Bud is now Category 4 hurricane, landfall expected over Baja California Sur late June 14 into 15

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Hurricane “Bud” reached Category 4 strength on June 12, 2018, thus becoming the second Category 4 hurricane in the Eastern Pacific within 4 days. This is only the third time on record the first two named Eastern Pacific storms of the season became major hurricanes. Bud is expected to be near southern Baja California Sur on Thursday, June 14 before it makes landfall as a tropical storm. Parts of Mexico have already seen severe flash flooding and some of its moisture will reach drought-stricken southwestern US where flash flooding will be possible.

At 09:00 UTC on June 12, the center of Hurricane “Bud” was located 365 km (230 miles) SW of Cabo Corrientes and 560 km (350 miles) SSE of Cabo San Lucas, Mexico. Its maximum sustained winds at the time were 215 km/h (130 mph), making it a Category 4 hurricane on the Saffir Simpson Hurricane Wind Scale.

A slow NNW motion is expected late today as well as weakening trend through Thursday, June 14 and its center is forecast to be near southern Baja California Sur by the end of June 14. The system will be moving over progressively decreasing heat content and cooler sea surface temperatures, which will likely degenerate it into a remnant low by the time it reaches mainland Mexico.

Bud is expected to produce total rain accumulations of 76 – 152 mm (3 to 6 inches) across much of southwestern Mexico, with isolated maximum amounts of 254 mm (10 inches) through Thursday. These rains could cause life-threatening flash floods and mudslides.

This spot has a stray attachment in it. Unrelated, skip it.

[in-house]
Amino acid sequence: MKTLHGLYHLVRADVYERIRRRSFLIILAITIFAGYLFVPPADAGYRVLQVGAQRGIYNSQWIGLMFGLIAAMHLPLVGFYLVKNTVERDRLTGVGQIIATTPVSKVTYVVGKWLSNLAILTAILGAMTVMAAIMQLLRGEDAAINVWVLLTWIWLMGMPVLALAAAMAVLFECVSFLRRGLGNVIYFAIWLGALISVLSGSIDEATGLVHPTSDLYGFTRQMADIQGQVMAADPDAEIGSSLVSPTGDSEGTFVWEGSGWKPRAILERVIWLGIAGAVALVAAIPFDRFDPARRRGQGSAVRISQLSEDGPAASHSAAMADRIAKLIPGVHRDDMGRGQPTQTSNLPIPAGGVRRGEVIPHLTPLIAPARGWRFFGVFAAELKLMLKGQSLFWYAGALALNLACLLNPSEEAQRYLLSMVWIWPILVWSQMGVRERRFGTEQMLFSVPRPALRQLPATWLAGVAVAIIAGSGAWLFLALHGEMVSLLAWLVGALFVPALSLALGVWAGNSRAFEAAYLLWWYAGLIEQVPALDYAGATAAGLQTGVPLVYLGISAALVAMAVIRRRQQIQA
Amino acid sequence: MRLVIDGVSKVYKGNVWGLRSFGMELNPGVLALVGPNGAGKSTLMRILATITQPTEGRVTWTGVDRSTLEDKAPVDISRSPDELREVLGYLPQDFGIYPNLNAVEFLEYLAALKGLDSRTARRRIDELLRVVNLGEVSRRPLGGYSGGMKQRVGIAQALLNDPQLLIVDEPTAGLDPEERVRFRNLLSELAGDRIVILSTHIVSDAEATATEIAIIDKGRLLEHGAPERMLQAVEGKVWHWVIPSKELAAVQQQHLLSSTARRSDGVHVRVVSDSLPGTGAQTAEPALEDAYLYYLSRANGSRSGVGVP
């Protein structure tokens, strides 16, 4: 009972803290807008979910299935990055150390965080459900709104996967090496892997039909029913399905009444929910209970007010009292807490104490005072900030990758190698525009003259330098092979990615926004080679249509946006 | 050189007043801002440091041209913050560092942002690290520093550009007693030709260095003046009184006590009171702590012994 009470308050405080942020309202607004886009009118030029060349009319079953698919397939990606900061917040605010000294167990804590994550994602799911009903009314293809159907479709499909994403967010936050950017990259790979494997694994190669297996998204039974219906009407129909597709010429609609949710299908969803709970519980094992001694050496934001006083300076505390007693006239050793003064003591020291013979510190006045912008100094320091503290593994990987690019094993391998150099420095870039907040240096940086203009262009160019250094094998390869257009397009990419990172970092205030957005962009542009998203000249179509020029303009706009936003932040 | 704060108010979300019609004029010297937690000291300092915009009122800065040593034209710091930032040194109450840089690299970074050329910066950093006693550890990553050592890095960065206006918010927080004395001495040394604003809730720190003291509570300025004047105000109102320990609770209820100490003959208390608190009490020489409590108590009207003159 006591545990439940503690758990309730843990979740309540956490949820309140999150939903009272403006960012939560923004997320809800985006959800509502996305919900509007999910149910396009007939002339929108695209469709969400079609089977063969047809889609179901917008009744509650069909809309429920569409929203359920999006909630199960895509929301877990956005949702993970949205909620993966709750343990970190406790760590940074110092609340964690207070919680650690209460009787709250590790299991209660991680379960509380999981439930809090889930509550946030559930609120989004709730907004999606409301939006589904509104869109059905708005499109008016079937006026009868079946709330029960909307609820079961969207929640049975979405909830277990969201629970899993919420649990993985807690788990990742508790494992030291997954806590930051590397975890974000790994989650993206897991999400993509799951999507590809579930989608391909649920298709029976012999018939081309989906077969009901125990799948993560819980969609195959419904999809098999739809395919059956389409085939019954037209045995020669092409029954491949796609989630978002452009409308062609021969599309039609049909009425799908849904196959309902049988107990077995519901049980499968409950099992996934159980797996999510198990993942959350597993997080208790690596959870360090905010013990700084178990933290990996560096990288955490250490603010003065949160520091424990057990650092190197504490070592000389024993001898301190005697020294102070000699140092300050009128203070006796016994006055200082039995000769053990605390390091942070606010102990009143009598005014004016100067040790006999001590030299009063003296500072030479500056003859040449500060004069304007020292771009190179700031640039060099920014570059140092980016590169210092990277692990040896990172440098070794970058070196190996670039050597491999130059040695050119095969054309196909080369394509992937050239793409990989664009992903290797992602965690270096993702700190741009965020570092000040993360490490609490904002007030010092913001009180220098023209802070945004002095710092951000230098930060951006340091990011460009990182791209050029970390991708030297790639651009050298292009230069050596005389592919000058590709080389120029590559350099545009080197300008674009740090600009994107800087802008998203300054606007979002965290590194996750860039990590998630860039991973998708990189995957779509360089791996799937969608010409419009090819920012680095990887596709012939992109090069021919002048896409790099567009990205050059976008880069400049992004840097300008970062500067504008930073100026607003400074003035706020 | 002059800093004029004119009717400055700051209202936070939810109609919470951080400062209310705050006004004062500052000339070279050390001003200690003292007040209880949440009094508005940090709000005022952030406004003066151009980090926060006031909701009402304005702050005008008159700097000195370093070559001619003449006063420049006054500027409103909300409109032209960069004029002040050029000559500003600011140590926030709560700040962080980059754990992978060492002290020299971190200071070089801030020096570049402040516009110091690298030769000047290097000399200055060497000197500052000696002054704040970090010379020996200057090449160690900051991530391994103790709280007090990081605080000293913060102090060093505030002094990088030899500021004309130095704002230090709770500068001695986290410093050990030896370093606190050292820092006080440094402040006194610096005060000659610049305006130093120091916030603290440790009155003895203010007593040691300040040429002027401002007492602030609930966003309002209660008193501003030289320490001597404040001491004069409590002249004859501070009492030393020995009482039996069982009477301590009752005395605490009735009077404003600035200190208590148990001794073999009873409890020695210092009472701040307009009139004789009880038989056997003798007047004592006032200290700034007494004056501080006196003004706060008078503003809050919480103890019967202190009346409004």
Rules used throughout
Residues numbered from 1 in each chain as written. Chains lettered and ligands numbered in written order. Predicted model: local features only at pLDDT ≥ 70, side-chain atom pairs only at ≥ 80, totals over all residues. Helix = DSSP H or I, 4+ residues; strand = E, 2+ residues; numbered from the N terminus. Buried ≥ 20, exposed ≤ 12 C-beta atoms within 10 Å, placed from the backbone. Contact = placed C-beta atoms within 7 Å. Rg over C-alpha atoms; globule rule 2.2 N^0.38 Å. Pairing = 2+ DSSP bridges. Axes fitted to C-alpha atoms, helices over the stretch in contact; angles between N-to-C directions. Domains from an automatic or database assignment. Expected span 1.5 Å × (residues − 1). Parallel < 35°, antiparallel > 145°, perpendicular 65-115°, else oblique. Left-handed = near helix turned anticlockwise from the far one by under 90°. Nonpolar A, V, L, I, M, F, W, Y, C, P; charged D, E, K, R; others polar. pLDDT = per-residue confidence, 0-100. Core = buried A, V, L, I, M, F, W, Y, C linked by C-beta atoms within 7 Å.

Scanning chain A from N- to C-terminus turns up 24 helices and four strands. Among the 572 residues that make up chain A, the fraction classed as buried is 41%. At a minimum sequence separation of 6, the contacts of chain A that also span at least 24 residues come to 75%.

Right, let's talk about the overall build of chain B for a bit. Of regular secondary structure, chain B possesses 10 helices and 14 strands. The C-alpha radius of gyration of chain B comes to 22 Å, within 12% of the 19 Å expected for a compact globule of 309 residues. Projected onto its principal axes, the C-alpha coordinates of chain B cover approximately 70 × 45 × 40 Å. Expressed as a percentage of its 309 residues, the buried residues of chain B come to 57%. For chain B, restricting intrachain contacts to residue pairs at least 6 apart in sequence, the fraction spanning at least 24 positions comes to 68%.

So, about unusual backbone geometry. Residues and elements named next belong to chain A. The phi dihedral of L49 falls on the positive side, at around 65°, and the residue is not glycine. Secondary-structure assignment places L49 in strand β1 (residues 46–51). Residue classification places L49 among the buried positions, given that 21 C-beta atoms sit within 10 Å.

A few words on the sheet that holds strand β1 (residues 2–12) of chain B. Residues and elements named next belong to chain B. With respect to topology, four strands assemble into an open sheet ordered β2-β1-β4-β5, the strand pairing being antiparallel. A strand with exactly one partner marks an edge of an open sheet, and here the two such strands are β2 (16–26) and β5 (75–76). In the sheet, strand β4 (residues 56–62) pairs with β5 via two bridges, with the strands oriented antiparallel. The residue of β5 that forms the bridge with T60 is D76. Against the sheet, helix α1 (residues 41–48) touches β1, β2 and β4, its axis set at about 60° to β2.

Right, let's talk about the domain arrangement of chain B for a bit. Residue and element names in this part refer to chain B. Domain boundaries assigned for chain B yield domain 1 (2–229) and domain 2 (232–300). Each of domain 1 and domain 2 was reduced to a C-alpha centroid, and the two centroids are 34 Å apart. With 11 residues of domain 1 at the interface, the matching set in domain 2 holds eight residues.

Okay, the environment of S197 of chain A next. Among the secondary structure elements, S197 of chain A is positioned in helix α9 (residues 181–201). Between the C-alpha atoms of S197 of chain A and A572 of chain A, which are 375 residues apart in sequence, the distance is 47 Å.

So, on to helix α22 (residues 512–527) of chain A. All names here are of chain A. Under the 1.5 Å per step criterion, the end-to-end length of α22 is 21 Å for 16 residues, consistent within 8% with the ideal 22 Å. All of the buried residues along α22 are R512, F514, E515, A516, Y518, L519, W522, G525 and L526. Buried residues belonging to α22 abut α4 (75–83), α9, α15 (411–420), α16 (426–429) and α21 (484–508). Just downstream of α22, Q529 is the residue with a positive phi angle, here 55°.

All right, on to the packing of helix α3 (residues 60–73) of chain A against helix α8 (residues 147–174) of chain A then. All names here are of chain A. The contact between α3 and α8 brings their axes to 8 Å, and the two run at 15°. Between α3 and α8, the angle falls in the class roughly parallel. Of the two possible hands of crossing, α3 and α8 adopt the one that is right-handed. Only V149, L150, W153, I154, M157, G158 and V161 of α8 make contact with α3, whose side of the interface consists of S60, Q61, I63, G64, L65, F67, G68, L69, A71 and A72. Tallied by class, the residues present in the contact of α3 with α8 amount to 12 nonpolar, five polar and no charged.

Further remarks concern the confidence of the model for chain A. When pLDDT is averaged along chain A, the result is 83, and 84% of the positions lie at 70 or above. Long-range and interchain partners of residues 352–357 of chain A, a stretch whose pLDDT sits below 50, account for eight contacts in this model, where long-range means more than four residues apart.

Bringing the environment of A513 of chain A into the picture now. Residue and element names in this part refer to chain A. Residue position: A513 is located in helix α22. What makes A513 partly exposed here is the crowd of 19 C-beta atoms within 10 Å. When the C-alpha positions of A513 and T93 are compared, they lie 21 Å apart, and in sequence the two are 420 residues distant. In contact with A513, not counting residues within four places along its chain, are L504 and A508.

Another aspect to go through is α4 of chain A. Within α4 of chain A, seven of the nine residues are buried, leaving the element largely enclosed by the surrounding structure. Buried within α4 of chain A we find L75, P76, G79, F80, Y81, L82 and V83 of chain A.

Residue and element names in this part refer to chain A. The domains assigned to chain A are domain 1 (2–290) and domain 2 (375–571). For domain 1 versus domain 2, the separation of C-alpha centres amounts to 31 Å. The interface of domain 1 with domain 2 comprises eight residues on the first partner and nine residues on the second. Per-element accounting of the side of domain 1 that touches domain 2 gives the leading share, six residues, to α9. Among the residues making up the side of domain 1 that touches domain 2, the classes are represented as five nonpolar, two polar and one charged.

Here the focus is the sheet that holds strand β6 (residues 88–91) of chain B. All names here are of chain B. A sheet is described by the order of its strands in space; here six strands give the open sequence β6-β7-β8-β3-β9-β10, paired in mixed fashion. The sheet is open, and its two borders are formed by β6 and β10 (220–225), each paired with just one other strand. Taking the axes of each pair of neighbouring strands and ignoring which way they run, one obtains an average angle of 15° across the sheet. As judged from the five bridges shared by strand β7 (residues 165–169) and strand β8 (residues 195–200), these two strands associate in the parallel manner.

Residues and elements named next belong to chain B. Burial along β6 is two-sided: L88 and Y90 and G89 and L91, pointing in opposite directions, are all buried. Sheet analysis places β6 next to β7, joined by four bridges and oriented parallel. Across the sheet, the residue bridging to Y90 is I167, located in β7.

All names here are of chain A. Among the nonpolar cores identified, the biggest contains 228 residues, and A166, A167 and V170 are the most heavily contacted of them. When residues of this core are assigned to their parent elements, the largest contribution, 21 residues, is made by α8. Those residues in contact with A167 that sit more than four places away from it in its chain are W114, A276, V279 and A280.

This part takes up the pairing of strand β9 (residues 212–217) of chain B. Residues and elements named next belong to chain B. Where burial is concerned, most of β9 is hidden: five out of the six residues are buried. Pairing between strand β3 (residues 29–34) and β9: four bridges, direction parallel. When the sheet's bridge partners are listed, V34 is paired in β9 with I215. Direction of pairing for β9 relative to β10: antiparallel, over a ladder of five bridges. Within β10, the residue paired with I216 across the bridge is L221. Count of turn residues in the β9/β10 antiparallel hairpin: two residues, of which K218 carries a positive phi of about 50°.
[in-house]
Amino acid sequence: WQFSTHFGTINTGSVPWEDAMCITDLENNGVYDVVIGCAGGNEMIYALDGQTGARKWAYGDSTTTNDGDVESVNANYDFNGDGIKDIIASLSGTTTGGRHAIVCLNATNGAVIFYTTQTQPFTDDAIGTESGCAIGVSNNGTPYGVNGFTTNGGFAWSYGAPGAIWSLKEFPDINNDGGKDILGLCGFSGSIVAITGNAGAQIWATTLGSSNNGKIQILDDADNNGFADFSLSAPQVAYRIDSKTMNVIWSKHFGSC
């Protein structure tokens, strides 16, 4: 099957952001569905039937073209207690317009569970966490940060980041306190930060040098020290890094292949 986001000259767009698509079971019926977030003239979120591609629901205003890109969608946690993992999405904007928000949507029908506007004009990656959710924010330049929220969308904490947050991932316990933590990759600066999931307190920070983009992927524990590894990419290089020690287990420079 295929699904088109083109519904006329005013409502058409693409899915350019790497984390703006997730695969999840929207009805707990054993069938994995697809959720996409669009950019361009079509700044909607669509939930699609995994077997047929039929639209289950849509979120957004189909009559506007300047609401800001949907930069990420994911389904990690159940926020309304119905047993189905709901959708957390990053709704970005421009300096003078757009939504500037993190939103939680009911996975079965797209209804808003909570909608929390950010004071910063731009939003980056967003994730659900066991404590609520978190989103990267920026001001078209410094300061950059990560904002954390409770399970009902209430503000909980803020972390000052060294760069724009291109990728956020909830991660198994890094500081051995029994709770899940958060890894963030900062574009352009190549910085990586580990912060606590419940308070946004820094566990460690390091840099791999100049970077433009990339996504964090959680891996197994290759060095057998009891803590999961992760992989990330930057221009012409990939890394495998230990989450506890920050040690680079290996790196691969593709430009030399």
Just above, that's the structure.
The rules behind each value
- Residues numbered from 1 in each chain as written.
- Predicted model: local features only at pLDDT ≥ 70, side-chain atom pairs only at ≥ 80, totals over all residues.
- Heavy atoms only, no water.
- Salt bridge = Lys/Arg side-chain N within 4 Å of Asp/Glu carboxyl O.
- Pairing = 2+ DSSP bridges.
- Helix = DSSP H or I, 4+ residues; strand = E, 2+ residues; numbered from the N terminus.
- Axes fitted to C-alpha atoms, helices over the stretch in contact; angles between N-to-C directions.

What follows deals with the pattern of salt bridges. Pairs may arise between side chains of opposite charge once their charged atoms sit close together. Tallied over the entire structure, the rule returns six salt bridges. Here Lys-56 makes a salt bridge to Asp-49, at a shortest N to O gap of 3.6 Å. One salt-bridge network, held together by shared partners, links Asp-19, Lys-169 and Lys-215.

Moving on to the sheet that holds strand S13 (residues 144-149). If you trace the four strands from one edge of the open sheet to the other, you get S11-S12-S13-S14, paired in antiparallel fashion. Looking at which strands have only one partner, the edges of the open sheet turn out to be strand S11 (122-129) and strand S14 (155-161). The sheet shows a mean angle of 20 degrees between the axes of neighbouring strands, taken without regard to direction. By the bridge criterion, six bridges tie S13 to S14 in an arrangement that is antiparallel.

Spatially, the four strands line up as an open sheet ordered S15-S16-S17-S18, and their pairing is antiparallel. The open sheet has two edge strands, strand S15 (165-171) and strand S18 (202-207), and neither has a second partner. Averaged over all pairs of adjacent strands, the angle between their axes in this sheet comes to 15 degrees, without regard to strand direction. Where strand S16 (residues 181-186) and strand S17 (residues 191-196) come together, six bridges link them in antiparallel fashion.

Swells generated by Bud will continue to affect portions of the coast of southwestern Mexico during the next few days and will begin to affect the southern Baja California Peninsula later today. These swells are likely to cause life-threatening surf and rip current conditions.

Hurricane Bud at 13:00 UTC on June 12, 2018

Hurricane “Bud” at 13:00 UTC on June 12, 2018. Credit: NOAA/GOES-West

Heavy rains associated with this storm have already produced severe flash flooding in Guadalajara, the capital of Mexican state of Jalisco, where some areas ended up under 4 m (13 feet) of water.

Some of its moisture will also reach Arizona, New Mexico, Utah and Colorado in the United States. While this moisture will be good for drought-stricken parts of the southwestern US, Bud’s remnants could cause flash flooding problems.

Featured image: Hurricane “Bud” at 13:00 UTC on June 12, 2018. Credit: NOAA/GOES-West

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